“Oh! Well, that’s a blessing! How are the boys?” 

“They’re both at university. Jonah is on a scholarship for soccer, and Joshua is studying computers.” Jenny chuckled at Fran’s attempt to shift the conversation away from Charlie. “So, tell me what’s going on with my big brother!” 

Fran rubbed her temples. “Where do I start? Remember the birthday party we planned for him and canceled at the last minute?” 

“Yes, I do. You never told me why, but I remember it. What happened?” 

“Charlie deployed to the war zone overseas the day before the party. His rank made him important to the Allied Forces, and he had to go.” 

“Okay, I remember reading about that when it happened. He was there during that fiasco?” 

“Oh, Jenny, he was the fiasco. The deadly, failed mission was all Charlie’s mess.” Fran couldn’t believe Jenny didn’t realize the chaos involved her brother. “There’s much more than what the news reported, but Charlie should have led that mission. If it had gone as planned, he wouldn’t have gone through his ordeal.”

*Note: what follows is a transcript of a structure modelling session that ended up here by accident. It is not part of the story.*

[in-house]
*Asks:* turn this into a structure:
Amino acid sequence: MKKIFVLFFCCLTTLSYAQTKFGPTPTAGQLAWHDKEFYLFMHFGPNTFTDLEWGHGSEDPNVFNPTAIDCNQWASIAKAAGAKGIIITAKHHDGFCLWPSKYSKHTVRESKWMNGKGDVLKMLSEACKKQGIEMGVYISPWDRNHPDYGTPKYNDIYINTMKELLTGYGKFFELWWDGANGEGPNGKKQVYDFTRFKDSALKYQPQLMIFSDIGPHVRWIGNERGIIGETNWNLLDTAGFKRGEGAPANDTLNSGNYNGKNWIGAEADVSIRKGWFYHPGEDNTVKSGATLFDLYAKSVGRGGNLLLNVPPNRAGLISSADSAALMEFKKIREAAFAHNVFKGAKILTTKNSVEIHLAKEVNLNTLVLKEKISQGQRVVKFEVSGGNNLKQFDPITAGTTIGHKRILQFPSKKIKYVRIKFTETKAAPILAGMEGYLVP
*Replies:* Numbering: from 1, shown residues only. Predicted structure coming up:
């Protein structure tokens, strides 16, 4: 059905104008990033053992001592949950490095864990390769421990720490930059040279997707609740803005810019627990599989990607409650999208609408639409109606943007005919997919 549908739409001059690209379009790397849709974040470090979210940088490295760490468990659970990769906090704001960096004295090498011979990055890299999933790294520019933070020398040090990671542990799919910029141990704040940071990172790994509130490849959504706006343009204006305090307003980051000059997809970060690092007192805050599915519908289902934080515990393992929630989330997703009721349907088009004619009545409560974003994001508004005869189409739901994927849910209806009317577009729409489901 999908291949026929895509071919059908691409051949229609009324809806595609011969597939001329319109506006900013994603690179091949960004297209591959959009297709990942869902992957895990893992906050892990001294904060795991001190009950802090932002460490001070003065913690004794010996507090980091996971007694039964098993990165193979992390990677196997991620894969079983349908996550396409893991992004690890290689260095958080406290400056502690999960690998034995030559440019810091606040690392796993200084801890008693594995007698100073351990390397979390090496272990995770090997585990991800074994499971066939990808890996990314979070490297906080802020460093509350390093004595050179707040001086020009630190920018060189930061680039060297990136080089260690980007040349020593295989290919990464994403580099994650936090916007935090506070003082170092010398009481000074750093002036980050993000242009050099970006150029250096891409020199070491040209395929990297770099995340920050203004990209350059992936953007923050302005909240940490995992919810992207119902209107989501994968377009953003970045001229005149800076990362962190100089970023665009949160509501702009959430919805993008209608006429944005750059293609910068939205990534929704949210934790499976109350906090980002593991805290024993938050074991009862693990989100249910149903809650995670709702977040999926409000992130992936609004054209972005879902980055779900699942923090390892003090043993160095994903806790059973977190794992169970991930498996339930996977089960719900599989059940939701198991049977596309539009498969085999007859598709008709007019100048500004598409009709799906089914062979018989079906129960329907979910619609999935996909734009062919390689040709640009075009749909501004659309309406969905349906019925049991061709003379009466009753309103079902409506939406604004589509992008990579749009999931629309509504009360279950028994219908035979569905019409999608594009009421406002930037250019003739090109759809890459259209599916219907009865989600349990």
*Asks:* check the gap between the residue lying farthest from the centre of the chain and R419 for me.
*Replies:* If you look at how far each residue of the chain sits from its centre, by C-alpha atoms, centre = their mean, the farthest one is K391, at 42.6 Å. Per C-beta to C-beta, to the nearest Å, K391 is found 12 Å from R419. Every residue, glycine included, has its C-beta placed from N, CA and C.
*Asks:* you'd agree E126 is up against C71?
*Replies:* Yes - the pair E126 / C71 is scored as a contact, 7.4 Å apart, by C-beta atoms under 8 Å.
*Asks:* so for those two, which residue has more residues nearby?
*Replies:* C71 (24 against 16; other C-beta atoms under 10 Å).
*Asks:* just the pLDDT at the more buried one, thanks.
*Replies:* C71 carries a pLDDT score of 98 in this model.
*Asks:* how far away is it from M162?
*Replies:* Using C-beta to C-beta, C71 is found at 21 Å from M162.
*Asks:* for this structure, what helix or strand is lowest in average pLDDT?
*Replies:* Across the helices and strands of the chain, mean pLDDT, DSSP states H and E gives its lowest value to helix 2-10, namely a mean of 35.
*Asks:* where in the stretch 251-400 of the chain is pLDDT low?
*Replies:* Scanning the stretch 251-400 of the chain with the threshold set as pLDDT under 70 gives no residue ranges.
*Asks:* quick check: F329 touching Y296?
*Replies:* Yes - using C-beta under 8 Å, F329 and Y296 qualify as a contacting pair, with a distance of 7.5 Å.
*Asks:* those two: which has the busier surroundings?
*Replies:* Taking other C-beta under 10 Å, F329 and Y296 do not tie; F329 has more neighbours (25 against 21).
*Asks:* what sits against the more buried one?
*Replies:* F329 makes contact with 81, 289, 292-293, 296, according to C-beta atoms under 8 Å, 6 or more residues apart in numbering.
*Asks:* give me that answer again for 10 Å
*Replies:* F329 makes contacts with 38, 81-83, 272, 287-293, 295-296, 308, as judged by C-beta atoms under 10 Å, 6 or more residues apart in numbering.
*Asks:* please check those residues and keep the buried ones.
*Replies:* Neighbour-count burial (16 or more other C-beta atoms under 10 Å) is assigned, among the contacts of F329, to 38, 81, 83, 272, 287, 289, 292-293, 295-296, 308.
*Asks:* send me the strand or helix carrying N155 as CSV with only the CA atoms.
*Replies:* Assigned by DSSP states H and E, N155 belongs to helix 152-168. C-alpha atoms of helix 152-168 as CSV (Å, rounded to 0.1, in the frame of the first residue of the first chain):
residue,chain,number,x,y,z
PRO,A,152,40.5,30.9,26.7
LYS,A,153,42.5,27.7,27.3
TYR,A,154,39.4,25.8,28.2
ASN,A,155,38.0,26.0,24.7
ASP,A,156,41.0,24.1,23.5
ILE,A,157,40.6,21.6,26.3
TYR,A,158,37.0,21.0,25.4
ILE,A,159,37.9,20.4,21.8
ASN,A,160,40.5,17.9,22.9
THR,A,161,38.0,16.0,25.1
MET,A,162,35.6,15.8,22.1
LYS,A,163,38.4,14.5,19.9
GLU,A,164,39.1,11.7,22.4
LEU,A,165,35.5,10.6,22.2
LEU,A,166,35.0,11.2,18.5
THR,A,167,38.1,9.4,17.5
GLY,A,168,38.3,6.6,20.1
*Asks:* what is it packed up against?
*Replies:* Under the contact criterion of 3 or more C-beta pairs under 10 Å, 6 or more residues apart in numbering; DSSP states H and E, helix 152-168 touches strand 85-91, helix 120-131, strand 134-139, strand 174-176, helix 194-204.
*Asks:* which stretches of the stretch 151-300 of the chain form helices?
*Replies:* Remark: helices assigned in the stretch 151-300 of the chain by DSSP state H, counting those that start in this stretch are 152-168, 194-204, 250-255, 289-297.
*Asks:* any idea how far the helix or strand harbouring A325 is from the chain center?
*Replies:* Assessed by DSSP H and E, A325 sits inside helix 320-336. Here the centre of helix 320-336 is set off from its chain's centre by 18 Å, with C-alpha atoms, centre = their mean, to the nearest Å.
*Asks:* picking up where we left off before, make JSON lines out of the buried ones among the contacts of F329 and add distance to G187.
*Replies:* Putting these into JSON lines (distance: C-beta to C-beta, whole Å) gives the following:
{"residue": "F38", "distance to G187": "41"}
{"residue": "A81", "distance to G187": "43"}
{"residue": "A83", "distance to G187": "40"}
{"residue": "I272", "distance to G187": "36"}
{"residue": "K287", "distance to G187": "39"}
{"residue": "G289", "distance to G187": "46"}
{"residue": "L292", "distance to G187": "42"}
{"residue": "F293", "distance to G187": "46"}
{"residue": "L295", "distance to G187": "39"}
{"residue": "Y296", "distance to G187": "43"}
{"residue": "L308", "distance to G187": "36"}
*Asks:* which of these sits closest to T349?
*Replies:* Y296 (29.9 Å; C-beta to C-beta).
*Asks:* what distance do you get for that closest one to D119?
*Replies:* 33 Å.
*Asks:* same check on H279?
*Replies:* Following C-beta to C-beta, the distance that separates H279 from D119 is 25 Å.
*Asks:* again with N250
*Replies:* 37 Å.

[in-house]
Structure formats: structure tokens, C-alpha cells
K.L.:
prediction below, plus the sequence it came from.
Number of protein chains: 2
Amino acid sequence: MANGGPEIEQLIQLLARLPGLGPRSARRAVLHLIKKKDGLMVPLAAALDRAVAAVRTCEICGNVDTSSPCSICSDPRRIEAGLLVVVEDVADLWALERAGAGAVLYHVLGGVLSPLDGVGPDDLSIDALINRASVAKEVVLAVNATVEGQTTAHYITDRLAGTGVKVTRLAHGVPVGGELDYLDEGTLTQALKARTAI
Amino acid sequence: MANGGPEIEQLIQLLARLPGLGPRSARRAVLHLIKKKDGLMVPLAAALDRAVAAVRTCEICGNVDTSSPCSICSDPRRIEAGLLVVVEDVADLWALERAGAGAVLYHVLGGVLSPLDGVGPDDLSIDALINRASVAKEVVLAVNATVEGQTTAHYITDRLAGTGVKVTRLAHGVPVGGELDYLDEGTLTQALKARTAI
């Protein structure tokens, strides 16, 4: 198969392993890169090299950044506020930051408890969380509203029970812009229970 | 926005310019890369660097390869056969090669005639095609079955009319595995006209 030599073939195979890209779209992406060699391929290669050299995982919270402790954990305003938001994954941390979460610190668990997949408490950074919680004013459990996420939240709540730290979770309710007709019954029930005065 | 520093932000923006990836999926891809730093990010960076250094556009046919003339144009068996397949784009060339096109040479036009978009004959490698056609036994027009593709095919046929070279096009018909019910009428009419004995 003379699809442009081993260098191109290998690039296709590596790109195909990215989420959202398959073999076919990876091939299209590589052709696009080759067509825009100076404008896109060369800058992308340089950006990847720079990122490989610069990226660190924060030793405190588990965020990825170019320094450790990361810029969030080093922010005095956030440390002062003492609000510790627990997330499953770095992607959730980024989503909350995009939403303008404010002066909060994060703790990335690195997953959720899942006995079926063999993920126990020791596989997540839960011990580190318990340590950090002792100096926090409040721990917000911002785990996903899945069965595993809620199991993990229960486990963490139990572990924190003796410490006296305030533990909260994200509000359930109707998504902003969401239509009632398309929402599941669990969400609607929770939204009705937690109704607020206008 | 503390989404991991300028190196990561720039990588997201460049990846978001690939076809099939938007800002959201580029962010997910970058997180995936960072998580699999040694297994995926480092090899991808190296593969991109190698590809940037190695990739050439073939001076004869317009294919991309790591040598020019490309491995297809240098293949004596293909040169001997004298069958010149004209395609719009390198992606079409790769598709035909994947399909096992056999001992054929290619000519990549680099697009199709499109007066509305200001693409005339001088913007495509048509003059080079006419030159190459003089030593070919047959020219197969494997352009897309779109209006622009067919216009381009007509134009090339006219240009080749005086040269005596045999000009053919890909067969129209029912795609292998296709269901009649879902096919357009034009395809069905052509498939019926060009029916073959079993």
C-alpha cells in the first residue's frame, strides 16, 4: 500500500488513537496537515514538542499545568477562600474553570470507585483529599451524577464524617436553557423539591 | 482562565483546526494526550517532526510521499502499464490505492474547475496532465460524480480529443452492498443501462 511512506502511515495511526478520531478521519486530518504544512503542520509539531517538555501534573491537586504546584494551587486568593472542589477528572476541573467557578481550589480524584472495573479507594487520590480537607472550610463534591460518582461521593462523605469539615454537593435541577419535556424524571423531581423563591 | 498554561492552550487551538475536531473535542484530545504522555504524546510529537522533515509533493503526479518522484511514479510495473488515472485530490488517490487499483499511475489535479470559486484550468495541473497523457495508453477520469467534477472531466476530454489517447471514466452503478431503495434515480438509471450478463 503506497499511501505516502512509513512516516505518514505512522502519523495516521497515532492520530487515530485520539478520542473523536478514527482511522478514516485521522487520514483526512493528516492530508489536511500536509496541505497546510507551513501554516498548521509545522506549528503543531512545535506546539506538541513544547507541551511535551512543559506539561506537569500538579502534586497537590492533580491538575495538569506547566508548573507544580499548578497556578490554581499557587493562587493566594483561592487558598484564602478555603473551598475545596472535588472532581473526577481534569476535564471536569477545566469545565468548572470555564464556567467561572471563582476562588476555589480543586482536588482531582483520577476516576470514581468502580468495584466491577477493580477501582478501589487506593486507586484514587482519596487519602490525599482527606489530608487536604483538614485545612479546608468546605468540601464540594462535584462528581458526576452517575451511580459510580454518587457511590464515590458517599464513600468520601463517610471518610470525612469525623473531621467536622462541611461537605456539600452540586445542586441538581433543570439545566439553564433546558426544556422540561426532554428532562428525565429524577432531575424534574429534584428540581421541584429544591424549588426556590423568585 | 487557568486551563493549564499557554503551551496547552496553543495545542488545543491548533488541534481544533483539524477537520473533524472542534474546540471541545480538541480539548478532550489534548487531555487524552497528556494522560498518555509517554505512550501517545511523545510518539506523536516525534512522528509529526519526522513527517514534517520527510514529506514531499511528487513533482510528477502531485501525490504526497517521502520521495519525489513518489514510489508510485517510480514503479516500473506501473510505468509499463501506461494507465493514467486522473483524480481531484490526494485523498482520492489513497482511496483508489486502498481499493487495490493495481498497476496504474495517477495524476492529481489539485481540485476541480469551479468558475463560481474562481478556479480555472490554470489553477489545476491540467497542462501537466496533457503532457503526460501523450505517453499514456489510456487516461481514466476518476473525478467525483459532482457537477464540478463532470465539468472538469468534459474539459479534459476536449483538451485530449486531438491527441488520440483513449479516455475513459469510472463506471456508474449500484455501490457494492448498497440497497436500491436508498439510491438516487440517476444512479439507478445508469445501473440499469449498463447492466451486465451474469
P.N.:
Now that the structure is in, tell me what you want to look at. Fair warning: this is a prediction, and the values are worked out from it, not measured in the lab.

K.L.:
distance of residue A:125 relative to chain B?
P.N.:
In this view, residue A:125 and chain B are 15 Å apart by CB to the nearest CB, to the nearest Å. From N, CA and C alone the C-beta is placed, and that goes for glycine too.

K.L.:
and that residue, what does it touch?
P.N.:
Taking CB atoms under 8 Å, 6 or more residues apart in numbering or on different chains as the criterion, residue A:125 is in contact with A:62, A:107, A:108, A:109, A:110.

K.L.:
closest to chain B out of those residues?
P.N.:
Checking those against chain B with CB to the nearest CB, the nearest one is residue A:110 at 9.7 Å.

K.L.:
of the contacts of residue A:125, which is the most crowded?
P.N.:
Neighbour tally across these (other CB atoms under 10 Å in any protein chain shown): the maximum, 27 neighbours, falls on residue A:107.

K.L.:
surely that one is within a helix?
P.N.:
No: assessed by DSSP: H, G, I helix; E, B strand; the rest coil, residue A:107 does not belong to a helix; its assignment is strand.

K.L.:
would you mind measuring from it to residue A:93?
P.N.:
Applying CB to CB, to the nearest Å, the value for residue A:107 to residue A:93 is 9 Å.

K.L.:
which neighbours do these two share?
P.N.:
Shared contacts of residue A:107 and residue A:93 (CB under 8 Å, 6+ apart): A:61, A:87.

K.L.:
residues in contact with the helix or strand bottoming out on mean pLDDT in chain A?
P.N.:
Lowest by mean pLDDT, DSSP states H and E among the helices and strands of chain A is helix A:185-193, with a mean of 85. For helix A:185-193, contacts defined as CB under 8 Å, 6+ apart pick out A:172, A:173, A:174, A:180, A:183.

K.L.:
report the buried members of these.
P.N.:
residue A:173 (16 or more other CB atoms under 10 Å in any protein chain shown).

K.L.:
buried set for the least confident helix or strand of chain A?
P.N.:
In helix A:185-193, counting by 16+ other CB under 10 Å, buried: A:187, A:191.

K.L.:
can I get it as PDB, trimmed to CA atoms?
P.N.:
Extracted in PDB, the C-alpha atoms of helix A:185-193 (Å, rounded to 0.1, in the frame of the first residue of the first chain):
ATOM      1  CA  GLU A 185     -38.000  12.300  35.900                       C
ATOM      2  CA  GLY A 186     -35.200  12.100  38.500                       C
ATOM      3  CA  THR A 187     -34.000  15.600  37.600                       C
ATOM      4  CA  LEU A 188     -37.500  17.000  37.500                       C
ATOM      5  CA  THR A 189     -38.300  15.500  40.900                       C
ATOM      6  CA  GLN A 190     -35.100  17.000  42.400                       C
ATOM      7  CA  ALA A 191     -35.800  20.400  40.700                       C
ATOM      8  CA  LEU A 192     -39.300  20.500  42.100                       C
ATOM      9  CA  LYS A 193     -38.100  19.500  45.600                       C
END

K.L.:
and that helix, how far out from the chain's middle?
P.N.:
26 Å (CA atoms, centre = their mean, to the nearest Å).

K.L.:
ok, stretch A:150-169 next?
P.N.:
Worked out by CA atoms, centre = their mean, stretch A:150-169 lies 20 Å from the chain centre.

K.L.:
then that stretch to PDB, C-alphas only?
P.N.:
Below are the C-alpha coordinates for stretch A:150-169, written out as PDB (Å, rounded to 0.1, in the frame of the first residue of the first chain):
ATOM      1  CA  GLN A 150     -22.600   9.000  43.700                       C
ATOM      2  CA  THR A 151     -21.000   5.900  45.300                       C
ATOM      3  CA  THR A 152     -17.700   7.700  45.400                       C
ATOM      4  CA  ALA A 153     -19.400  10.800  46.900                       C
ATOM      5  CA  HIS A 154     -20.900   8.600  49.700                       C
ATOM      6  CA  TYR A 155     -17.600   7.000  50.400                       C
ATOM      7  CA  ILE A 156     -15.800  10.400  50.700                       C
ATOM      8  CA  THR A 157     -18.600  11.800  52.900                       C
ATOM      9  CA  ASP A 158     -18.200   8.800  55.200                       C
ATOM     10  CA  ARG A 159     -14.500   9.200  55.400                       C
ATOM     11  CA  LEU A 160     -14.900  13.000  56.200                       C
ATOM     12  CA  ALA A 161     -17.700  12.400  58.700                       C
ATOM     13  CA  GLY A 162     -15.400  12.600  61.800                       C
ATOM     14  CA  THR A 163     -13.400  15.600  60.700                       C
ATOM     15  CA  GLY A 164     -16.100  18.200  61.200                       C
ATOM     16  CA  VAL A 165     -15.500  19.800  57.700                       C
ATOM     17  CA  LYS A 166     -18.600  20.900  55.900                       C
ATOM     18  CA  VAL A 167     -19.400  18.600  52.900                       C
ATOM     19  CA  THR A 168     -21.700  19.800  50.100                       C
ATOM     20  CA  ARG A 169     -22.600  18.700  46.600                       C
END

Jenny paused again. “What ordeal, Frannie?” 

Fran sighed. The memory of her own nightmare grieved her. “His plane went down behind enemy lines after a mid-air collision with a suicide runner. He survived the crash, but his leg broke. That’s what this surgery fixed. But he didn’t stay with his aircraft after the crash, so the recon mission didn’t find him. The Army declared him killed in action, Jen. I believed he was dead for eighteen months. Then he showed up back in town and surprised me. Well, I’d already moved on. We had a tough time of it for a while back then.” 

“Where on earth was I that I didn’t know this was happening? I’m sure it had to be on the news…” Jenny’s astonished voice faded. “You know, I need to see my brother. Can I call you back?” 

“Of course, Jenny. You and the family are always welcome to visit any time you’d like.”